Britain’s economy picked up speed ever so slightly in the third quarter, official data showed on Wednesday, strengthening expectations for an interest rate hike next month. Gross domestic product grew by 0.4 percent in the period from July to September, after expanding by 0.3 percent in the preceding three months, the Office for National Statistics said in a statement.
The strongest motor of growth was the service sector, which grew by 0.4 percent compared to the second quarter, driven mainly by the finance sector and computer programming activities, according to the ONS. Strengthening industrial production figures also contributed to growth, outweighing a decline of 0.7 percent in the construction sector. The GDP reading outdid market expectations, which were for growth to match the 0.3-percent figure recorded in the period from April to June.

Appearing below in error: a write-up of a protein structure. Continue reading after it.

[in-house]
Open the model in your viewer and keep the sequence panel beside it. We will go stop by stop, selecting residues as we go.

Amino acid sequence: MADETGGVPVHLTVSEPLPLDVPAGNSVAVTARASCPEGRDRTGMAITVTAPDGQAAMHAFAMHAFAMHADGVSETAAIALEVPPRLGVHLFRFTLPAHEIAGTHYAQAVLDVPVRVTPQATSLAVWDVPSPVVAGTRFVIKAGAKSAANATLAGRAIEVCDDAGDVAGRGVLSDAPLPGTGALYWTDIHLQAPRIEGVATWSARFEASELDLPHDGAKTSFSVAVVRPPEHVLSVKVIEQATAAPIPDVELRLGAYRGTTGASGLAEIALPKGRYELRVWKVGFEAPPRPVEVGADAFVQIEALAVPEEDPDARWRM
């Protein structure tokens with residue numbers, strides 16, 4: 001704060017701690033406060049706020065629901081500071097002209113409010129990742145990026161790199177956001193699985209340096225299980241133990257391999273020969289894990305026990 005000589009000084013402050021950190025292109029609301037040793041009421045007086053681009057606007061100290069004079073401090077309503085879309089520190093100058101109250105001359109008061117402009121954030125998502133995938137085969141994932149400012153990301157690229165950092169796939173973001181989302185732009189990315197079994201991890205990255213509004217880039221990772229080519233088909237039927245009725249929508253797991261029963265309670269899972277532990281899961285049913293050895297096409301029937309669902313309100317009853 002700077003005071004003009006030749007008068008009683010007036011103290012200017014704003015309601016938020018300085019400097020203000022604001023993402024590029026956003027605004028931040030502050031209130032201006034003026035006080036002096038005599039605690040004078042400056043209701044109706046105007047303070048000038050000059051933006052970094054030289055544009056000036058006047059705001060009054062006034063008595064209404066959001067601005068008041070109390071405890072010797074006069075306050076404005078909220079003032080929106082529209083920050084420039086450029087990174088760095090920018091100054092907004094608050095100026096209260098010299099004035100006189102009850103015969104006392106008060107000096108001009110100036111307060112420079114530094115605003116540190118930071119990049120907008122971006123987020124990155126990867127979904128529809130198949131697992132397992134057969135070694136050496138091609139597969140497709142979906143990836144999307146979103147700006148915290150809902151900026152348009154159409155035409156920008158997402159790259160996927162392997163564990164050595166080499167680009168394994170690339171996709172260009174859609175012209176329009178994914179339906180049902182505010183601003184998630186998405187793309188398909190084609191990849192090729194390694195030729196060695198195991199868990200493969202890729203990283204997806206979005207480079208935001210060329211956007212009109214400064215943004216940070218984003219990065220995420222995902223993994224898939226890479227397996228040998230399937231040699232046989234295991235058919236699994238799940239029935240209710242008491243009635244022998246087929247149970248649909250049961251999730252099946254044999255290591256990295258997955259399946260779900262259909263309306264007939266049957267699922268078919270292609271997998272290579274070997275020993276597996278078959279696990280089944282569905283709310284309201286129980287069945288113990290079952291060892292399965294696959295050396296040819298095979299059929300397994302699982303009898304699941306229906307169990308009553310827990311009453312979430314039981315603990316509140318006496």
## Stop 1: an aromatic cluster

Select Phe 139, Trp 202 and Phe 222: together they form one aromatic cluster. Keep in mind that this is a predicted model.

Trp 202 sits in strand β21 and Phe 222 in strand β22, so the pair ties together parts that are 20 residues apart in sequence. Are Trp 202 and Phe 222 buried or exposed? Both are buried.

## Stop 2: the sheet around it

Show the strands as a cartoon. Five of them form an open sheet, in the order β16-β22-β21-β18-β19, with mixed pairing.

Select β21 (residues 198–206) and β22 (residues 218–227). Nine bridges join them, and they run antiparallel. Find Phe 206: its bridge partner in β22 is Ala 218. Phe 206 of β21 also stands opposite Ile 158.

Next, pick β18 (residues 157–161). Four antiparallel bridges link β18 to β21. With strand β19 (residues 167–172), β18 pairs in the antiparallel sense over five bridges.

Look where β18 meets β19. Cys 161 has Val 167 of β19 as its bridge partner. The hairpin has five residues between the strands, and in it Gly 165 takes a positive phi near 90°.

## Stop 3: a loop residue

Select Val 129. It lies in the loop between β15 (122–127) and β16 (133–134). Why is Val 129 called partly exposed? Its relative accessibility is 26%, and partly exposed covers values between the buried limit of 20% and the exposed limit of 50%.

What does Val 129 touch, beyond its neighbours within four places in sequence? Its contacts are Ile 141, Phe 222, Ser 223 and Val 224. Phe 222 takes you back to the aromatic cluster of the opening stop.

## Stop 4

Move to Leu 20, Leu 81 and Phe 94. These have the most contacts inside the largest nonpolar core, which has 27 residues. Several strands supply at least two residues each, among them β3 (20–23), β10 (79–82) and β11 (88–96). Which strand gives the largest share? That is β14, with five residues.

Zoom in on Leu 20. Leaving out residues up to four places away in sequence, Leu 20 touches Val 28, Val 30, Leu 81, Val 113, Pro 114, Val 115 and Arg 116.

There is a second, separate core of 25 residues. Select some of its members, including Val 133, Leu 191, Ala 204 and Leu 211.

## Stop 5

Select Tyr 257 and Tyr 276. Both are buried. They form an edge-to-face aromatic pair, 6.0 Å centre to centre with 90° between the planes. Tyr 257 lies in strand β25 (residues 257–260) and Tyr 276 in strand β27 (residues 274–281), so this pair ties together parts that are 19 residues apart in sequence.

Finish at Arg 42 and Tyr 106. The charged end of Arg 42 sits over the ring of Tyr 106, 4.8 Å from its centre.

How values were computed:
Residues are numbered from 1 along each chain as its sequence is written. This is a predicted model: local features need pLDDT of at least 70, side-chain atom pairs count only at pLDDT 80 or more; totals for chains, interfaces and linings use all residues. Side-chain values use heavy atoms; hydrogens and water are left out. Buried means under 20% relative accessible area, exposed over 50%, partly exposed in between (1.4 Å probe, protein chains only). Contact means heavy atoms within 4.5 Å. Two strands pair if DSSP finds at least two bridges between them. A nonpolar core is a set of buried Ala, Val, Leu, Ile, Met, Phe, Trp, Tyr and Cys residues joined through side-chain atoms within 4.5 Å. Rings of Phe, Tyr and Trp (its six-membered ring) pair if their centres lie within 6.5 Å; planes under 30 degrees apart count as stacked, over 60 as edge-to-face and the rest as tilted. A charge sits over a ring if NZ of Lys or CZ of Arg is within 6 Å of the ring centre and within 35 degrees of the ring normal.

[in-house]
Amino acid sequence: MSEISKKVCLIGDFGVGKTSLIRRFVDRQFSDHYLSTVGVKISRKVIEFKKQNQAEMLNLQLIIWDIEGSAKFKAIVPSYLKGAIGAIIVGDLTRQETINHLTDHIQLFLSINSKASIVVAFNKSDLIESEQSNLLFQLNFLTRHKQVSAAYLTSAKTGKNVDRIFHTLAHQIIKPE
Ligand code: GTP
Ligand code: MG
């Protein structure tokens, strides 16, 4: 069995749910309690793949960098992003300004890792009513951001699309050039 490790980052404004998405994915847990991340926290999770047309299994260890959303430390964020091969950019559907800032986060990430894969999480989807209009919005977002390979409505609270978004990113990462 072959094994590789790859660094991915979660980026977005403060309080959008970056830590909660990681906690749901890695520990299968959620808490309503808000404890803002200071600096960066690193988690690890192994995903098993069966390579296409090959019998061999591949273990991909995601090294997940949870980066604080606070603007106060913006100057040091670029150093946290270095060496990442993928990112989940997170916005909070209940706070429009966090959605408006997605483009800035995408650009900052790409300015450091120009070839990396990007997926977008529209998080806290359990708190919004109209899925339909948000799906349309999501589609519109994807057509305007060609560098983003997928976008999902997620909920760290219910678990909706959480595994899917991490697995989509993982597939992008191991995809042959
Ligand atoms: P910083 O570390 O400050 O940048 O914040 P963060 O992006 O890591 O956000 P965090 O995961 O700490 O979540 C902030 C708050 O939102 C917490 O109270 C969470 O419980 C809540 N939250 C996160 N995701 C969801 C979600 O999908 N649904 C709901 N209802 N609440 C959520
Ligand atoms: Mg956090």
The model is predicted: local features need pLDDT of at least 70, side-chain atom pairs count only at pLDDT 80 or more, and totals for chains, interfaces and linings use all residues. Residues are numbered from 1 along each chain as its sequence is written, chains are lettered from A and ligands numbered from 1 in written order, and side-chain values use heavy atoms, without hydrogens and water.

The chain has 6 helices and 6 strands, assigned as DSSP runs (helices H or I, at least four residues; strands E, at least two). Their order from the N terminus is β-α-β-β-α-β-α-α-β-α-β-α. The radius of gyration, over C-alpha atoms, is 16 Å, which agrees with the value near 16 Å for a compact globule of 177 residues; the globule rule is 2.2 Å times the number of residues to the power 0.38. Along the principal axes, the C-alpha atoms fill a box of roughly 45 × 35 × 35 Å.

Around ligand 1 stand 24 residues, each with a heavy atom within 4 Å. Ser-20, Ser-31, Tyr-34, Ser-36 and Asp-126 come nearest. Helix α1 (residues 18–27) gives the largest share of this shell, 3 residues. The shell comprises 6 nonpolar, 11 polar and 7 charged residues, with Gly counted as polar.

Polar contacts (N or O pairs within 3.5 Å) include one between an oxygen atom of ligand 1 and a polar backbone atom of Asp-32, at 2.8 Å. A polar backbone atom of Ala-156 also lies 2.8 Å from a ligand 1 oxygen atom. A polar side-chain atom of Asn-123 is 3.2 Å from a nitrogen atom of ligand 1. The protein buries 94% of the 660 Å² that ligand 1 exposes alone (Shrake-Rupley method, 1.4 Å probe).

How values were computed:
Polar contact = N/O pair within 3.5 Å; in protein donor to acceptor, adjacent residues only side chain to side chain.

Analysts said the slight pick-up in growth has increased chances of a rate hike at the next meeting of the Bank of England’s monetary policy committee. “Despite the Brexit headwinds, UK growth is good enough to give the (BoE) the green light for a rate rise next Thursday,” said Ian Stewart, chief economist at Deloitte.
The government welcomed the figures ahead of its 2018 budget, to be delivered in a difficult economic and political context. “We have a successful and resilient economy which is supporting a record number of people in employment,” said finance minister, Philip Hammond.
“My focus now, and going into the budget, is on boosting productivity so that we can deliver higher-wage jobs and a better standard of living for people across the country,” he said. Year-on-year growth in the third quarter was 1.5 percent, below the 1.8 percent growth rate recorded over the whole of 2016.
Although unemployment is at a 42-year-low, slow wage growth and inflation of around three percent are weighing on consumer purchasing power, while uncertainty over Brexit negotiations continue to cast a cloud over investment and business confidence.